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Czechoslovakia: External Threats to National Security
Country Study > Chapter 5 > National Security > Armed Forces: Historical and Political Setting > External Threats to National Security


As of 1987, the party and government leaders of Czechoslovakia continued to assert that West Germany, NATO, and the United States represented the major external threats to their country's security. Alleged West German revanche was periodically denounced in the Czechoslovak press, and those German organizations that called for Germany's 1937 borders to be restored were especially singled out for criticism, as was the Sudeten German Emigre Organization, an organization of those Germans expelled from Czechoslovakia after World War II. Bonn and ultimately Washington were seen by Prague to be exploiting German revanchist sentiments for their own purposes. Dzur had stated in 1984 that NATO was seeking to "achieve military superiority . . . over the Soviet Union and other countries of the Warsaw Pact, to dictate [NATO's] will to independent states, to stop the worldwide revolutionary process, and to dominate the world." A rabid anti-American campaign reached its peak when the Soviet Union failed to prevent the installation of Pershing II and cruise missiles in Western Europe. The deployment of these missiles during the early 1980s was portrayed as a threat to the European military balance. The Czechoslovak leadership, however, did not mention that the missiles had been installed in response to the deployment of Soviet SS-20 missiles in the western Soviet Union beginning in 1977. When the Soviet Union installed SS-21 and SS-23 missiles in Czechoslovakia starting in 1983, the Czechoslovak public was noticeably unenthusiastic.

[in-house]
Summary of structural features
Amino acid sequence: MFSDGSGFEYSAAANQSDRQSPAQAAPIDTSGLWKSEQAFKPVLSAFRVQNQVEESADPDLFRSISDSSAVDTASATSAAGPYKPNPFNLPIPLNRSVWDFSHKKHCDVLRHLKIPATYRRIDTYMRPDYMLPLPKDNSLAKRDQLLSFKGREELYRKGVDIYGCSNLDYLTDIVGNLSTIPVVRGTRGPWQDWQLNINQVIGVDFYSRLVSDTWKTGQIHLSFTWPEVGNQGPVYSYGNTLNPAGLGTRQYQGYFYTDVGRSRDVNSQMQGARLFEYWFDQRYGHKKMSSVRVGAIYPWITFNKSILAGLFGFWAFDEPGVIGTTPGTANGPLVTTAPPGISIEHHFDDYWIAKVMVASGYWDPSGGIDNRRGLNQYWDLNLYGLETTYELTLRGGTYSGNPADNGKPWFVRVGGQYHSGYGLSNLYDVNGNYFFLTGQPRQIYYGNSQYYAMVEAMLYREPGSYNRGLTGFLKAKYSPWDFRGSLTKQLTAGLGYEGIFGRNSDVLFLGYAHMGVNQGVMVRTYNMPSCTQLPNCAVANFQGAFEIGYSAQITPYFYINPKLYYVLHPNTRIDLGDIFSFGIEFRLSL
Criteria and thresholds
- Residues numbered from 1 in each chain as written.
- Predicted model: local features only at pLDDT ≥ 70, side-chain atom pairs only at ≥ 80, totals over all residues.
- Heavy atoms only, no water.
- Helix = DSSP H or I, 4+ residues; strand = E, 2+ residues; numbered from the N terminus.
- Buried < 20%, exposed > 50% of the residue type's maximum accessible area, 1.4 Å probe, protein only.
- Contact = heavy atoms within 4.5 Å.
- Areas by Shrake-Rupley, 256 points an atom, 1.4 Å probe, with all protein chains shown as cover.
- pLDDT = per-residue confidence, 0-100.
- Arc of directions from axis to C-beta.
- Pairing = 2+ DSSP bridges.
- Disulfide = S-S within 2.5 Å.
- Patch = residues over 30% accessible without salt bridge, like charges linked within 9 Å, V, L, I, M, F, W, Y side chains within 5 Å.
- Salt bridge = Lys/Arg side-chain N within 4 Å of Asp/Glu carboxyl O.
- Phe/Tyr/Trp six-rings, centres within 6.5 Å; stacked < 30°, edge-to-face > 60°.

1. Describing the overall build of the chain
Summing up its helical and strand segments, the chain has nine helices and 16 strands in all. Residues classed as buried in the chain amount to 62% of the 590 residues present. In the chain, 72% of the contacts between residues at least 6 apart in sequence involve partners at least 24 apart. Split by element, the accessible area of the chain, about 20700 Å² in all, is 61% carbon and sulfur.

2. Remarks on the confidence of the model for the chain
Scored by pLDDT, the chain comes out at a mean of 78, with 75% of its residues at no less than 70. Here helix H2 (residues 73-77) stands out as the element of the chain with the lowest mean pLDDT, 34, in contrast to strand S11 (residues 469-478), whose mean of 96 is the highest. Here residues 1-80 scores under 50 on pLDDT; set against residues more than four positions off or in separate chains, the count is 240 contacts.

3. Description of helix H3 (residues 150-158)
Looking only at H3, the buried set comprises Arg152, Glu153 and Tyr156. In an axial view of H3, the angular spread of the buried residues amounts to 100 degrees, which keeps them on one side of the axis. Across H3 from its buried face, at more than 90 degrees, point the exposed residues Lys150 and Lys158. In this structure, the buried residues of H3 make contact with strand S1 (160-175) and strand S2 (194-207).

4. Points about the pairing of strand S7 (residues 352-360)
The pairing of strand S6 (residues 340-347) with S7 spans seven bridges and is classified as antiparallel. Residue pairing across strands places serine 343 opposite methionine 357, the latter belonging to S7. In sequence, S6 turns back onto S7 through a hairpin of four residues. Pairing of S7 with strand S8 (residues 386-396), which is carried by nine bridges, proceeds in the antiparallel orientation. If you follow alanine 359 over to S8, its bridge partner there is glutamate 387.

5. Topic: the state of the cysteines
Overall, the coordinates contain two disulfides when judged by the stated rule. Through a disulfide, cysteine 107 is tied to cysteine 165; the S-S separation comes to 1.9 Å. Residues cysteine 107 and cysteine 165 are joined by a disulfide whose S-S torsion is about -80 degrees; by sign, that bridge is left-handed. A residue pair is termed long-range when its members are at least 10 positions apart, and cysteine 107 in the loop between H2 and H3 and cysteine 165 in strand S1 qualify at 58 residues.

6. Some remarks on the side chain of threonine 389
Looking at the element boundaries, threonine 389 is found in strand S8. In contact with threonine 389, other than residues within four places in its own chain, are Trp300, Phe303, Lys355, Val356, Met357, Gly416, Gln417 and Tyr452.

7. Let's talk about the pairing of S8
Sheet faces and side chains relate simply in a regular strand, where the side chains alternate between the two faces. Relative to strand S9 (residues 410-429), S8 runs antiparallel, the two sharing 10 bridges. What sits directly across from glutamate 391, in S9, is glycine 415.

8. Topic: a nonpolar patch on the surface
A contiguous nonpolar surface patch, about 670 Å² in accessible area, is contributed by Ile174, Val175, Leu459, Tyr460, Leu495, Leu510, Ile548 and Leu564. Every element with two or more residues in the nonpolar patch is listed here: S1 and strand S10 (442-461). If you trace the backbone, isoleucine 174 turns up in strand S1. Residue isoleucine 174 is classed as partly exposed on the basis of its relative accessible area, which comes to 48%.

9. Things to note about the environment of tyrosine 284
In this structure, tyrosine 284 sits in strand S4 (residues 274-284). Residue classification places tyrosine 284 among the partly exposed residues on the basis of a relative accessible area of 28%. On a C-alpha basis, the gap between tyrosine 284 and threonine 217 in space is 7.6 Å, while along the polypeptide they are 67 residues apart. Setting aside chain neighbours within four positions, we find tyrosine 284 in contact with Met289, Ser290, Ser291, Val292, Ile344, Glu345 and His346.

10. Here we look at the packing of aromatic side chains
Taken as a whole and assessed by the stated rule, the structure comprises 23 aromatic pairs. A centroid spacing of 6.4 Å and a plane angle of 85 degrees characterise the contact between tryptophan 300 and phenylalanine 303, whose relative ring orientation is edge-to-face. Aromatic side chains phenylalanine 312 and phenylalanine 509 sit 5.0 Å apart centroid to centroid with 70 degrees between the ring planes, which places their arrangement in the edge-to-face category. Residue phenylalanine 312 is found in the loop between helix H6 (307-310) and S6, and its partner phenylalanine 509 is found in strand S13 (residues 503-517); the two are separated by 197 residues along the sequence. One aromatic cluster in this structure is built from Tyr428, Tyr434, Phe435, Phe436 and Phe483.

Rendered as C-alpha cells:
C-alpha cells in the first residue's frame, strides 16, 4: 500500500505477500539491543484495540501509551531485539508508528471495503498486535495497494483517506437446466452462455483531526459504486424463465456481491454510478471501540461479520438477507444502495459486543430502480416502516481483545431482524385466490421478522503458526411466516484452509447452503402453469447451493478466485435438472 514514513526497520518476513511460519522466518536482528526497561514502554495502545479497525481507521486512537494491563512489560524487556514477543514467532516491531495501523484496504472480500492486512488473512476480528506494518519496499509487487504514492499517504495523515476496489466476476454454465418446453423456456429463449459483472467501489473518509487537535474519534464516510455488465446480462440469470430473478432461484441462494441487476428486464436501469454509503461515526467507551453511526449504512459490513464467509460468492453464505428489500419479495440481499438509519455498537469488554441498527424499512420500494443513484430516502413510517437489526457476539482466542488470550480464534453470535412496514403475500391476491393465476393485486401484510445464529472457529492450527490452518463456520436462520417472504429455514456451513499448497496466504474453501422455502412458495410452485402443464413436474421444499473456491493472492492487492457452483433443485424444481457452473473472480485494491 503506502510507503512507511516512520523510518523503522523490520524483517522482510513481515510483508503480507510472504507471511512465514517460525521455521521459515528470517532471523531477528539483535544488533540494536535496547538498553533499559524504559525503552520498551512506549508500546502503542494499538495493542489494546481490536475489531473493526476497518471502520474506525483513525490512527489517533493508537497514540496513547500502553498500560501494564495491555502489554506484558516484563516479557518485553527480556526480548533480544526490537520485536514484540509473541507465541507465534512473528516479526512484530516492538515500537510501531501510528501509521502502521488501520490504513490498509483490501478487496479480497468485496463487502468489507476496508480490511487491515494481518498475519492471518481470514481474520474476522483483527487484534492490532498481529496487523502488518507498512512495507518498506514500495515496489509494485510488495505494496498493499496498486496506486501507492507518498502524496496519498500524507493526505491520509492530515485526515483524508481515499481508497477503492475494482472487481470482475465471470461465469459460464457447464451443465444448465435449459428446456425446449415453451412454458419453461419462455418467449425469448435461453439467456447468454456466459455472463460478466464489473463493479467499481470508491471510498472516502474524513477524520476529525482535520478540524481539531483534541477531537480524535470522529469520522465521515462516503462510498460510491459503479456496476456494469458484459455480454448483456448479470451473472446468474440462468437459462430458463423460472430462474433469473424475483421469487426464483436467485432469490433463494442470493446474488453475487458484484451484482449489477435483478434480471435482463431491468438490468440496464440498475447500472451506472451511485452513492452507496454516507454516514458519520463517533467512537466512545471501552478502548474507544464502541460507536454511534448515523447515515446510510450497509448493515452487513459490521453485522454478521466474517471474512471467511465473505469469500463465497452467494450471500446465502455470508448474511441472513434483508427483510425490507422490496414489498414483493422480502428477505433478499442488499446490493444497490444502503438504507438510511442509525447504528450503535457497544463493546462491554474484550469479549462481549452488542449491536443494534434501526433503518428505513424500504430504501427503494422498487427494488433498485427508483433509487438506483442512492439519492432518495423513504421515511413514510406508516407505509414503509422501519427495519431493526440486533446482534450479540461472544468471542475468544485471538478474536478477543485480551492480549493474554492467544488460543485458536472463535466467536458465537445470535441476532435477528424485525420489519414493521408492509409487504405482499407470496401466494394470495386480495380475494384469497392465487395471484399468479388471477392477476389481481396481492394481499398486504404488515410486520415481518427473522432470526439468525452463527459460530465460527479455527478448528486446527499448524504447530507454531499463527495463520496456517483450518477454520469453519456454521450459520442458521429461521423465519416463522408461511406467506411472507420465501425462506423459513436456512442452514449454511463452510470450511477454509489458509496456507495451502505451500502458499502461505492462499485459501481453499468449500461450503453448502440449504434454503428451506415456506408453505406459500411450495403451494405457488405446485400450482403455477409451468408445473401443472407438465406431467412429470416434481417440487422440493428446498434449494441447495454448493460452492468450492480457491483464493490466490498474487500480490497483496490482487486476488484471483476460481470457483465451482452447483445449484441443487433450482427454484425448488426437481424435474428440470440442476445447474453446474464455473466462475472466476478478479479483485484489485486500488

A different kind of threat was seen emanating from Poland at the beginning of the 1980s. The development of the solidarity trade union movement there obviously alarmed the communist hierarchy in Czechoslovakia, which feared that the labor unrest might spill over into their country. Czechoslovak spokesmen warned the Poles that their toying with socialism could be compared with the Czechoslovak heresy of 1968 and might result in the same kind of disaster.

Data as of August 1987

Last Updated: August 1987

Editor's Note: Country Studies included here were published between 1988 and 1998. The Country study for Czechoslovakia was first published in 1987. Where available, the data has been updated through 2008. The date at the bottom of each section will indicate the time period of the data. Information on some countries may no longer be up to date. See the "Research Completed" date at the beginning of each study on the Title Page or the "Data as of" date at the end of each section of text. This information is included due to its comprehensiveness and for historical purposes.

Note that current information from the CIA World Factbook, U.S. Department of State Background Notes, Australia's Department of Foreign Affairs and Trade Country Briefs, the UK's Foreign and Commonwealth Office's Country Profiles, and the World Bank can be found on

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